Carbon–TiO2 composites as high-performance supercapacitor electrodes: synergistic effect between carbon and metal oxide phases†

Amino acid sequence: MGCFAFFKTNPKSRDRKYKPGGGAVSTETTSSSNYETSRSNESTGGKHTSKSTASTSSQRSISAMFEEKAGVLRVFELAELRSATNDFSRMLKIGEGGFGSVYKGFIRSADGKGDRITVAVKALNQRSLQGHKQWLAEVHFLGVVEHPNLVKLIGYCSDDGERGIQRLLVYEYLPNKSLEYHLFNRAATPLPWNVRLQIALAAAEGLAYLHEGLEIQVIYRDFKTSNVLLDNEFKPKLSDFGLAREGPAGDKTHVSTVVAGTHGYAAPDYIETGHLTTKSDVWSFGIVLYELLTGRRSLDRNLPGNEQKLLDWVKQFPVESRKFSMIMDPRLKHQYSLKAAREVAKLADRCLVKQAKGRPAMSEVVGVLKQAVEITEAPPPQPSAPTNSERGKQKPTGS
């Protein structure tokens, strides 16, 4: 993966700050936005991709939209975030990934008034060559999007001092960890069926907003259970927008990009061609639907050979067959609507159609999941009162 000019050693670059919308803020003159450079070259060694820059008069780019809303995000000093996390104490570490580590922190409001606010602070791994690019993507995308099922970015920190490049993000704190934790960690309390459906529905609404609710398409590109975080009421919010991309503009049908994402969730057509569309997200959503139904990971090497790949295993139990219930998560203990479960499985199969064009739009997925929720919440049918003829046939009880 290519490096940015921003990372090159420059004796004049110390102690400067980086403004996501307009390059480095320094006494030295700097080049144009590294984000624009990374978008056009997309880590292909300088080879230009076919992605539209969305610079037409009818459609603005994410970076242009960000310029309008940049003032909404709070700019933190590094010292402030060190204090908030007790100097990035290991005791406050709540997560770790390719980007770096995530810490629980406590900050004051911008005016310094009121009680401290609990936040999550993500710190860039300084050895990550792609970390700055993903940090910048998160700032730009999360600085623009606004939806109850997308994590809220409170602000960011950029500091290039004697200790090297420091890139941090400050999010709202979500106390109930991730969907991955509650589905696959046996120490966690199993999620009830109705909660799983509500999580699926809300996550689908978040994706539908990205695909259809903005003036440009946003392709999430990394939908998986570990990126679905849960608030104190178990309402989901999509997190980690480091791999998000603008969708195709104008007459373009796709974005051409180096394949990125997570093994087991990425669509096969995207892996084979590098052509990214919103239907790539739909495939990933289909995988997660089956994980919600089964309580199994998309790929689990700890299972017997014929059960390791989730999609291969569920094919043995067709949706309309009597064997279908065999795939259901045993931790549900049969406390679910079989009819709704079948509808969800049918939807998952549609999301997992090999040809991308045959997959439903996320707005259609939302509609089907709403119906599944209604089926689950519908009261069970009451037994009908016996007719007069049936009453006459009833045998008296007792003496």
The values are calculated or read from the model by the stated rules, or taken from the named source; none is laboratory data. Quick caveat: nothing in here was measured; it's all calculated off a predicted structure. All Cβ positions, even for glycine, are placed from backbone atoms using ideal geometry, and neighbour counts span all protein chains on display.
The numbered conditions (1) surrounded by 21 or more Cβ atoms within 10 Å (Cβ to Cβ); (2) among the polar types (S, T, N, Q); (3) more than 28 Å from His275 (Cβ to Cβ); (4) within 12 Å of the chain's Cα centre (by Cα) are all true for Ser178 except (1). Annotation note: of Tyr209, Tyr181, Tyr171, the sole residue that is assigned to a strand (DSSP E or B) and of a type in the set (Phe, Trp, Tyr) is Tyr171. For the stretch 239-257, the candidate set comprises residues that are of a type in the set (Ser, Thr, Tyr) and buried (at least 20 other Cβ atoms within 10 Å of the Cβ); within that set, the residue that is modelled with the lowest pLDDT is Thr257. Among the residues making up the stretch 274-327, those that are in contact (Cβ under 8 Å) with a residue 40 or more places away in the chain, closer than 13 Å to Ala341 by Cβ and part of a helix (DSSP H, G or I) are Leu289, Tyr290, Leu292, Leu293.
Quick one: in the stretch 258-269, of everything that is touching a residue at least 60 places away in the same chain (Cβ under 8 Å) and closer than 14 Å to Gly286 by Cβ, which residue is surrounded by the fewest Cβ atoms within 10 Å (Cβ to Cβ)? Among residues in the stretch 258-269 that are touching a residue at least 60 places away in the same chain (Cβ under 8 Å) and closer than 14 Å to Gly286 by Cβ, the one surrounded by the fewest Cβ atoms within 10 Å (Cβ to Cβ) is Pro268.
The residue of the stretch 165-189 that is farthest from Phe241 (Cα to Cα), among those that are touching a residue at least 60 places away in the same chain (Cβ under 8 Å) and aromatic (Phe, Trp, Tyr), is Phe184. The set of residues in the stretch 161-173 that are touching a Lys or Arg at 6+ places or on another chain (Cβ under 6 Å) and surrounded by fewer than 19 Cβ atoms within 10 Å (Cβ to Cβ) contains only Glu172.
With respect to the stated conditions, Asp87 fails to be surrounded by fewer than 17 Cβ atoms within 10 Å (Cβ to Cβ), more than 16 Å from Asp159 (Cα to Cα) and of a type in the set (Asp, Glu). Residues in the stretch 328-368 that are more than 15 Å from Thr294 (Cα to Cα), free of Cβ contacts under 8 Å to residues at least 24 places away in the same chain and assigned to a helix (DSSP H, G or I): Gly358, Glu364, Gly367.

A series of carbon xerogels doped with different percentages of TiO2 has been studied as a tentative means of preparing electrodes for supercapacitors. Carbon composites were obtained by an inverse emulsion method in n-heptane, and after carbonization at 900 °C the metal oxide phase was well dispersed in the carbon phase with a crystal size of less than 4 nm, and only an anatase phase was detected. An increase in the percentage of TiO2 produced a decrease in the hydrophobicity of the composite, which improved the wettability of the electrodes. XPS results showed that Ti3+ and Ti4+ were present on the surface of samples, and the presence of both oxidation states can improve the electron mobility in the inorganic phase. The obtained composite materials possessed specific surface areas that ranged from 423 to 539 m2 g−1 and very well developed micro- and mesoporosity with a total pore volume that ranged from 0.361 to 0.480 cm3 g−1. The mean size of supermicropores increased as the percentage of TiO2 increased, whereas practically no variation was found in the size of ultramicropores. Two-electrode symmetric supercapacitors based on the carbon xerogel–TiO2 composites exhibited high electrochemical performance, which was better than that of other similar materials in the literature, and displayed high capacitance (up to 137 F g−1 at 0.250 A g−1 for the composite containing 20% TiO2), high capacitance retention (66–80%) at 20 A g−1 and a high energy density of 20.15 W h kg−1 at a power density of 138.11 W kg−1 in the voltage range of 0 V to 1.1 V. A sample with a combination of low hydrophobicity and an adequate micro/mesopore network with an intermediate content of TiO2 exhibited the best performance for energy storage. A floating test showed the very good cyclability of the synthesized materials.